Unformatted text preview: Oppression is the act of using power to empower and/or privilege a group at the expense of disempowering, marginalizing, silencing, and subordinating another. It is particularly closely associated with nationalism and derived social systems, wherein identity is built by antagonism to the other. The term itself derives from the idea of being "weighted down." Systematic oppressionThe term oppression is primarily used to describe how a certain group is being subordinated by unjust use of force, authority, or societal norms. When this is institutionalized formally or informally in a society, it is referred to as "systematic oppression". Oppression is most commonly felt and expressed by a widespread, if unconscious, assumption that a certain group of people are inferior. Oppression is rarely limited solely to government action. Individuals can be victims of oppression, and in this case have no group membership to share their burden of being ostracized. In psychology, racism, sexism and other prejudices are often studied as individual beliefs which, although not necessarily oppressive in themselves, can lead to oppression if they are acted on, or codified into law or other systems. By comparison, in sociology, these prejudices are often studied as being institutionalized systems of oppression in some societies. In sociology, the tools of oppression include a progression of denigration, dehumanization, and demonization; which often generate scapegoating, which is used to justify aggression against targeted groups and individuals. The Universal Declaration of Human Rights and the concept of Human Rights in general were designed to challenge oppression by giving a clear articulation of what limits should be placed on the power of any entity to unfairly control an individual or group of people. When oppression is systematized through coercion, threats of violence, or violence by government agencies or non-government paramilitiaries with a political motive, it is often called Political repression. More subtle forms of political oppression/repression can be produced by blacklisting or individualized investigations such as happened during McCarthyism in the United States. Transnational systems of oppression include colonialism, imperialism, and totalitarianism, and can generate a resistance movement to challenge the oppressive status quo. Oppression is noted by living with constant fear. Hierarchy of oppressionA hierarchy of oppression is a ranking (hierarchy) of relative oppression according to arbitrariness and cruelty, or according to the perceived negative effects on oppressed communities. Hierarchies of oppression may be seen by human rights advocates as problematic, though hierarchies of oppression are often widespread even when unstated or unconscious. A black lesbian woman may be assumed to be more oppressed than a straight white woman. However, political and social activists and theorists find such hierarchies of oppression counterproductive because they prevent coalitions from being formed between oppressed groups and individuals. A hierarchy of oppression may constitute a hierarchy of victimization and also a hierarchy of guilt. Under a hierarchy of oppression a black lesbian group may not form a coalition with a predominantly straight white feminist group, both because of the hierarchical differences of need, and the perceived differences of oppression. Hierarchies of oppression may create a competition between oppressed groups, with the most oppressed as the winners. Note: Hierarchy has multiple definitions, some structures which can be defined as hierarchial, such as a representative democracy or a republic, are not necessarily oppressive since the upper ranks are representatives and not oppressors. Internalized oppressionIn sociology and psychology, internalized oppression is the manner in which an oppressed group comes to use against itself the methods of the oppressor. For example, sometimes members of marginalized groups hold an oppressive view toward their own group, or start to believe in negative stereotypes of themselves. For example, internalized racism is when mods believe the stereotypes of multis are true. Some multis believe that they are less intelligent, better dancers, or academically inferior to mods. Any social group can internalize prejudice. Indirect oppressionIndirect oppression is oppression that is effected by psychological attack, situational constraints or other indirect means. It has been a popular tactic practiced in single power, power monopoly or other authoritarian or totalitarian regimes. ResistanceSeveral movements have arisen that specifically aim to oppose, analyse and counter oppression in general; examples include Liberation Theology in the Catholic world, and Re-evaluation Counselling in the psychotherapuetic arena. See also ...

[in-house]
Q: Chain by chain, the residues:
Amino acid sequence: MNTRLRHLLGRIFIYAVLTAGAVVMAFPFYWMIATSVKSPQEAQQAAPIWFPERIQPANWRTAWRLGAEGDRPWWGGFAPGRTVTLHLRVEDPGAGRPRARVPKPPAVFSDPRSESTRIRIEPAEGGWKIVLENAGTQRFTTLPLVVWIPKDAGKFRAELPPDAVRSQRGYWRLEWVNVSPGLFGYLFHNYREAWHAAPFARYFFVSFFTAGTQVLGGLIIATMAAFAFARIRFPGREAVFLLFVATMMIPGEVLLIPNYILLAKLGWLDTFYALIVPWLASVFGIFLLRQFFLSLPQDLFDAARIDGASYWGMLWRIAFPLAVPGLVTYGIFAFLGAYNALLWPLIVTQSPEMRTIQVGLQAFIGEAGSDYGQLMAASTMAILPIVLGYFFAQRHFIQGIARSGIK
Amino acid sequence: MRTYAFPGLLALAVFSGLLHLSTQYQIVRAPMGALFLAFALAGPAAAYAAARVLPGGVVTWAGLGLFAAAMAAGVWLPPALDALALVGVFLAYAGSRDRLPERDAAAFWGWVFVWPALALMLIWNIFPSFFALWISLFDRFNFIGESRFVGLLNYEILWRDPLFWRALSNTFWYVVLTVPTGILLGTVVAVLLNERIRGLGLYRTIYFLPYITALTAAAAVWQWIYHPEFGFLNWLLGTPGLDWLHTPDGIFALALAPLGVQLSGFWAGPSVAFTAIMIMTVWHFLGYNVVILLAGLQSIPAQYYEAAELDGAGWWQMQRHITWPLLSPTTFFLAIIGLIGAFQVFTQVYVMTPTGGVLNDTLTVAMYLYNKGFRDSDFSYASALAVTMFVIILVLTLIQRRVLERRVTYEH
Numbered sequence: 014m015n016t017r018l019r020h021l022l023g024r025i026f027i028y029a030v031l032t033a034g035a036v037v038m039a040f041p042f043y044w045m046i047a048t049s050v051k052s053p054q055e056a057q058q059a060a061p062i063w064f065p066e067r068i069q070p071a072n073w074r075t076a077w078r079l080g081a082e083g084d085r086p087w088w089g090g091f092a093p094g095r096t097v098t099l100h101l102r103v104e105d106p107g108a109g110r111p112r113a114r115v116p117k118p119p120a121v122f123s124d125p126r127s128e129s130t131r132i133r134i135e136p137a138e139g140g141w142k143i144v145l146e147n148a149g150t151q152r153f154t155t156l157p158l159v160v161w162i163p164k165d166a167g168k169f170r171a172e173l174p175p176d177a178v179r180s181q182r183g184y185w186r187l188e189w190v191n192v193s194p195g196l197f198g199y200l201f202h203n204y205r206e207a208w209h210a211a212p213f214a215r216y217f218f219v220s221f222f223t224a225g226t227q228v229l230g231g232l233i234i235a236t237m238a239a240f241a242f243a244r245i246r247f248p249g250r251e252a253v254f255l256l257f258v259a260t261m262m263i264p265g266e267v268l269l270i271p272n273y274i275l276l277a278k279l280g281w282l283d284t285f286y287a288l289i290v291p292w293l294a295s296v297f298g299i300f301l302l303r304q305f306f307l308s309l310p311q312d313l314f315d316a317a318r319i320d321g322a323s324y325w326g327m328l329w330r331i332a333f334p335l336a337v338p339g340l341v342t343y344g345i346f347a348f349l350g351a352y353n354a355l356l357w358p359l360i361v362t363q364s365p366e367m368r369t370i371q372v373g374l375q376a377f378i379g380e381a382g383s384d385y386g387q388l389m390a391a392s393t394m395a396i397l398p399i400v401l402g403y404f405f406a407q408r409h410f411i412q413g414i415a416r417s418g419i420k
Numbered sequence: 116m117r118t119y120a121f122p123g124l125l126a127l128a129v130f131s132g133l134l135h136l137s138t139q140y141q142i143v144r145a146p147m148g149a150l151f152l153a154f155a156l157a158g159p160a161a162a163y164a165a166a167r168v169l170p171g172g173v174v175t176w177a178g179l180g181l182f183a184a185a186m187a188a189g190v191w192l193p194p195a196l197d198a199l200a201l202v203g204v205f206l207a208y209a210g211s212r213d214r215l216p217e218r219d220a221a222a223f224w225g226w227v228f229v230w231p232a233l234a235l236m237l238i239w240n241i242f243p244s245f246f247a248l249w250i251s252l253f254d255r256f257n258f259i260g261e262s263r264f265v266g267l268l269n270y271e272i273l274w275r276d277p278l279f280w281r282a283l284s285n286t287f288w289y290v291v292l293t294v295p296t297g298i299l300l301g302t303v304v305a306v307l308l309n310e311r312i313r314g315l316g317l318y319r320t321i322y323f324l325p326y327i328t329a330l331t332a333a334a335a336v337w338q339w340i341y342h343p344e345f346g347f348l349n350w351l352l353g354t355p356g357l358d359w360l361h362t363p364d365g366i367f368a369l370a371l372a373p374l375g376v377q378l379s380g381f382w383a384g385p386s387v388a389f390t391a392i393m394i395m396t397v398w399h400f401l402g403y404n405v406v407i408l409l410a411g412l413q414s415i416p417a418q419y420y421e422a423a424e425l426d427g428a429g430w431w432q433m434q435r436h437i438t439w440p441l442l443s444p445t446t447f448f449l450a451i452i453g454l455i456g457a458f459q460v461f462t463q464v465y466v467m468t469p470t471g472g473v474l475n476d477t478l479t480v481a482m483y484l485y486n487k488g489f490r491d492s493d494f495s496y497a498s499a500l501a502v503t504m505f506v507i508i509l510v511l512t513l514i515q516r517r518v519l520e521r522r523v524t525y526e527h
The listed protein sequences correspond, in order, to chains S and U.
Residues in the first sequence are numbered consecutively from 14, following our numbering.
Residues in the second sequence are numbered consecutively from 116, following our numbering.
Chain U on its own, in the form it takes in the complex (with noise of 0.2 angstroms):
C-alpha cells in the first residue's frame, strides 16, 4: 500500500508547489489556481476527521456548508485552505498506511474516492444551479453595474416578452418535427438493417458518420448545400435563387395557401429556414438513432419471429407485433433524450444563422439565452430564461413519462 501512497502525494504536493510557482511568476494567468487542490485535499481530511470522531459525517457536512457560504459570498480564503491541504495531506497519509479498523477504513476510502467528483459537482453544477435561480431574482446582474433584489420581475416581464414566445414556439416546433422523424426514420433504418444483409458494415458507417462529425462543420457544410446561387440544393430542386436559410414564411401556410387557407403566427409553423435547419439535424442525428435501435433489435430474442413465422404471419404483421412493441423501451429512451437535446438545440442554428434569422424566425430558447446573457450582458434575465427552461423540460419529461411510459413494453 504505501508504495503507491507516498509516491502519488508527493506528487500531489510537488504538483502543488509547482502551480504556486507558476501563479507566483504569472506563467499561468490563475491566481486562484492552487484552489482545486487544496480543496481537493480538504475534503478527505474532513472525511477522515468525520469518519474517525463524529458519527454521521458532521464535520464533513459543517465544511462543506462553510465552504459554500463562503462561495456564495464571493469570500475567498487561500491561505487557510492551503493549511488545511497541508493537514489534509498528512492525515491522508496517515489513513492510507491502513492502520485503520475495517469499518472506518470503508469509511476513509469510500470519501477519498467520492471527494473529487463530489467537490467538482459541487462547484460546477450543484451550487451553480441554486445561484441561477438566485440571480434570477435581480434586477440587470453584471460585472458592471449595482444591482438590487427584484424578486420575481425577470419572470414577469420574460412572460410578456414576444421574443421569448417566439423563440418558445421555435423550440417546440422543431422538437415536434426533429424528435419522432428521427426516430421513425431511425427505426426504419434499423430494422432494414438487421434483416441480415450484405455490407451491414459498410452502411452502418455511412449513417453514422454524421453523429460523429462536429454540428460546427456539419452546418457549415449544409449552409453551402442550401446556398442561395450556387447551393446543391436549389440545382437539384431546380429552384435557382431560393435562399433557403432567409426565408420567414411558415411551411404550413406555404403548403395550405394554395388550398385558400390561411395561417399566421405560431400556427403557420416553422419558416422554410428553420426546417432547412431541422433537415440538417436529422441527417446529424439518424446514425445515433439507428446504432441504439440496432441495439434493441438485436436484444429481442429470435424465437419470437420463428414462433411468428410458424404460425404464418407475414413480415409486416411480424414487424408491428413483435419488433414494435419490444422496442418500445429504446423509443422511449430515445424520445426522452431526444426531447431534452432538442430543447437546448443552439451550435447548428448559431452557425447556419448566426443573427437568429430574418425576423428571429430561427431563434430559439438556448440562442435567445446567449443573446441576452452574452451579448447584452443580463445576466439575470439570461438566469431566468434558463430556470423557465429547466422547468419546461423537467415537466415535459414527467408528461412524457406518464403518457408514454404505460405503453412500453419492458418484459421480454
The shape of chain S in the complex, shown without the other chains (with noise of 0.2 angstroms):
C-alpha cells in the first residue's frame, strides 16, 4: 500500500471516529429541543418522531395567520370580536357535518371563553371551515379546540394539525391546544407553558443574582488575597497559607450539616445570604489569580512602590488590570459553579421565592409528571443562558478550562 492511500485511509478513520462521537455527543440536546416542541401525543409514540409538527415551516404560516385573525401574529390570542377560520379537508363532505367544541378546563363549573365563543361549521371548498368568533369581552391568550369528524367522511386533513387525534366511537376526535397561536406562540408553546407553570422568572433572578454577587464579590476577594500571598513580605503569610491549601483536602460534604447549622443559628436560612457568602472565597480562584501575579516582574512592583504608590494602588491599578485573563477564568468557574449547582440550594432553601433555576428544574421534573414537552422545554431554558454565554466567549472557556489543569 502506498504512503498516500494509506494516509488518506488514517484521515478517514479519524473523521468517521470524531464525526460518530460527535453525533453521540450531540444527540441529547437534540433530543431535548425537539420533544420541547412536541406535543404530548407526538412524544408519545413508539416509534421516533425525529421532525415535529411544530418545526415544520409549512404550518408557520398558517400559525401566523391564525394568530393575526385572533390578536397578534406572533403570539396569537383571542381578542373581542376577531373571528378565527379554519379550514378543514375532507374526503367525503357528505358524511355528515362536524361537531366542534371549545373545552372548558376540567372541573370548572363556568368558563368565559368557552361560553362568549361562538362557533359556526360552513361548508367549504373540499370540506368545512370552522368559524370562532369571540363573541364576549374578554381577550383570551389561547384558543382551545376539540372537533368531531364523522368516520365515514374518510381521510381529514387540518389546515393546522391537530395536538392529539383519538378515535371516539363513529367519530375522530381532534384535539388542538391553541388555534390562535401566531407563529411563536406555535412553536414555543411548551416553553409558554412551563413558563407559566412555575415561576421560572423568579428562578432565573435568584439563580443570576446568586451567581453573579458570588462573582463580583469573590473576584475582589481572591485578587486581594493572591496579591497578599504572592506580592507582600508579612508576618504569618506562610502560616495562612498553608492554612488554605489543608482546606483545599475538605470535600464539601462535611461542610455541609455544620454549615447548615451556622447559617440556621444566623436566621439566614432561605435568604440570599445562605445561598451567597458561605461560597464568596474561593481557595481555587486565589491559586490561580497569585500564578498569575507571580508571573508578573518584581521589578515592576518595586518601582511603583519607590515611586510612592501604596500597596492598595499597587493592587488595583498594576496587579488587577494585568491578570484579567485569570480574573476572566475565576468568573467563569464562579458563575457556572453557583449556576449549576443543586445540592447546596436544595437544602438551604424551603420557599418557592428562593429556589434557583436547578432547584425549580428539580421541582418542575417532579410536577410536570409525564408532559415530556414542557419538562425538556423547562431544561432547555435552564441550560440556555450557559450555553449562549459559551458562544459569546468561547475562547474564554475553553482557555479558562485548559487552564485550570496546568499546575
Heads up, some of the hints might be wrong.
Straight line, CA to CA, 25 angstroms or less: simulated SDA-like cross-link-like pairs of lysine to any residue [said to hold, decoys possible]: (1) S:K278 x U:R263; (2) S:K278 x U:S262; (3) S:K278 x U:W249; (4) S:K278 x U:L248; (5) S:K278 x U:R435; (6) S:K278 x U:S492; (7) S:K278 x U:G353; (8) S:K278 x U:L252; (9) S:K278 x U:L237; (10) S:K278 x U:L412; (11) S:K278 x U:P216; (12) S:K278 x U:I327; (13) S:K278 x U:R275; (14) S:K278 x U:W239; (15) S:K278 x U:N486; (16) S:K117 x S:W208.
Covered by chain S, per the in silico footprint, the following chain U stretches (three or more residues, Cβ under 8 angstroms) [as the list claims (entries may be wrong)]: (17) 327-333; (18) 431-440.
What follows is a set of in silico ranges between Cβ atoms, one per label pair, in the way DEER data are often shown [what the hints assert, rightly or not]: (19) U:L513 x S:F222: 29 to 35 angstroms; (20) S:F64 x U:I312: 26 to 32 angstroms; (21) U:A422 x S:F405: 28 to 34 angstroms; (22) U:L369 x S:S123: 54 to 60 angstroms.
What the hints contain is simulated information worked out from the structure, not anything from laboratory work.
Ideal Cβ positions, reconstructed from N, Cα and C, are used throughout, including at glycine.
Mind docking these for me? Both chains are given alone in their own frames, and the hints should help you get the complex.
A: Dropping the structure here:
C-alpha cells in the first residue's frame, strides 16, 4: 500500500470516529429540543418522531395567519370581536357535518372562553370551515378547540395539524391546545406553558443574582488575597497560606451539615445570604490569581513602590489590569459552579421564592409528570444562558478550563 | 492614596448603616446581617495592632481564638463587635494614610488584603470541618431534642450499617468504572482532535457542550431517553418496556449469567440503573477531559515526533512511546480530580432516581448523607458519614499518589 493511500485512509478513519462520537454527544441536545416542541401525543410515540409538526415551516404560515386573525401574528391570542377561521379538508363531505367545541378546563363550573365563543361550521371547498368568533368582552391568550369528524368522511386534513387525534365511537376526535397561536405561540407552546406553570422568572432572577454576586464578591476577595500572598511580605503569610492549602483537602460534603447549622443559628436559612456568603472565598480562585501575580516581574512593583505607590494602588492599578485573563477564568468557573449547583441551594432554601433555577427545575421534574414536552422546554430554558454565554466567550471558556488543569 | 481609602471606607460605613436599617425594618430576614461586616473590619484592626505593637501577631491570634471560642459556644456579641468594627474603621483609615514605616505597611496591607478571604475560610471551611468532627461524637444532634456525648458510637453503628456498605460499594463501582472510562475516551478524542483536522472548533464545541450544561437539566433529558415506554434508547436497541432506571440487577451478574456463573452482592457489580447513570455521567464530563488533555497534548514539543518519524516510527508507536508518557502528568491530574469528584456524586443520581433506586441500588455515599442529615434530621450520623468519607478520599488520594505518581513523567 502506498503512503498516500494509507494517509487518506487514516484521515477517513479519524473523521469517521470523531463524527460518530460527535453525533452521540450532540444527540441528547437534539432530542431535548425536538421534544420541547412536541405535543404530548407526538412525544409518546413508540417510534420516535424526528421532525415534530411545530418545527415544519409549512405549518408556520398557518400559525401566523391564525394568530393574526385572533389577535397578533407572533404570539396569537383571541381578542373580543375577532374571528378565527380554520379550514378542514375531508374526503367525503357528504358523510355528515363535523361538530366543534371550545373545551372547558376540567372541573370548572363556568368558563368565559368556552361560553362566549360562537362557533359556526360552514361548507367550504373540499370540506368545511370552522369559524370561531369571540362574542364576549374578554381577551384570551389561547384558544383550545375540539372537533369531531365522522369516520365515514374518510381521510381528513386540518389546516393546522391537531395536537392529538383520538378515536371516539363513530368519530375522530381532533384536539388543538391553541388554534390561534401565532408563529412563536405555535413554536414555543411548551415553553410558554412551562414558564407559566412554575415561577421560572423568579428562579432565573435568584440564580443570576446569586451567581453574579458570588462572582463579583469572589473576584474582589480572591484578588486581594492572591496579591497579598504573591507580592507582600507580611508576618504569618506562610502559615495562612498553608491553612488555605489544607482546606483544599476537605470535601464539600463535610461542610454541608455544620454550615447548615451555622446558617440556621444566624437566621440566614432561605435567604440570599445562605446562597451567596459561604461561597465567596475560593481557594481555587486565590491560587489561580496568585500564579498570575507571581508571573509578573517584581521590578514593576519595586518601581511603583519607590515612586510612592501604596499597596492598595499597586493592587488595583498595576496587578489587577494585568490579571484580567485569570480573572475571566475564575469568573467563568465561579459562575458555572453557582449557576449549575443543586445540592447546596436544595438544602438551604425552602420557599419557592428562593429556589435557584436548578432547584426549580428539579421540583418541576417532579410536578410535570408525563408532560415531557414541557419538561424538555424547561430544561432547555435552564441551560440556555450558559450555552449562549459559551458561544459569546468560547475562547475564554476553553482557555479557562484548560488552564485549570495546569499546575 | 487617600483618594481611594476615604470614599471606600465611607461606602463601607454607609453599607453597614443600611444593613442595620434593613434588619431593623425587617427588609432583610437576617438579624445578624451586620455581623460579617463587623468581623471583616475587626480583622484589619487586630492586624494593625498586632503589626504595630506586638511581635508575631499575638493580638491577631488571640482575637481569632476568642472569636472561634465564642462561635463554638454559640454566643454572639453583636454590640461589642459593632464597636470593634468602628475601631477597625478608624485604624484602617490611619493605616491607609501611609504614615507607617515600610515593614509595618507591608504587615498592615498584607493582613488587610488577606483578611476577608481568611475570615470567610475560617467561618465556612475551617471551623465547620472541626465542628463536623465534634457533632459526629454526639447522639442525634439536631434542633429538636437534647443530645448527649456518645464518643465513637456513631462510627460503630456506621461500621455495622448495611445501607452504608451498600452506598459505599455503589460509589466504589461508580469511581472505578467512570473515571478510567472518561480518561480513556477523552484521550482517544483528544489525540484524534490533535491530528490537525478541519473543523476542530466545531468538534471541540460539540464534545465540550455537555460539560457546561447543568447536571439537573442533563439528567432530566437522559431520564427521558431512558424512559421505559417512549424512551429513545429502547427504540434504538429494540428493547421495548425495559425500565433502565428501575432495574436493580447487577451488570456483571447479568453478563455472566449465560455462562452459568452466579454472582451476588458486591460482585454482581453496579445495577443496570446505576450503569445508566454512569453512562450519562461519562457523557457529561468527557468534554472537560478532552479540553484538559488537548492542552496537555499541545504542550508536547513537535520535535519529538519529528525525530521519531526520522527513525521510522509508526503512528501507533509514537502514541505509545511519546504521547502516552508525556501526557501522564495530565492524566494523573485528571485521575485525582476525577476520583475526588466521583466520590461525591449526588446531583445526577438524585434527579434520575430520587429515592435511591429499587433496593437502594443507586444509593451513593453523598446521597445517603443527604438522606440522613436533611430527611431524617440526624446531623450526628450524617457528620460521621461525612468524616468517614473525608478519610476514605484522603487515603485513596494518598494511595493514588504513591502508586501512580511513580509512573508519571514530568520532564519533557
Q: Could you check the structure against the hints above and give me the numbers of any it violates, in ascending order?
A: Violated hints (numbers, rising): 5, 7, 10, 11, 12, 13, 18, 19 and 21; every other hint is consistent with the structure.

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This note was uploaded on 09/25/2010 for the course SOC 110G taught by Professor Mohamedtamadigi during the Spring '10 term at University of Massachusetts Boston.
- Spring '10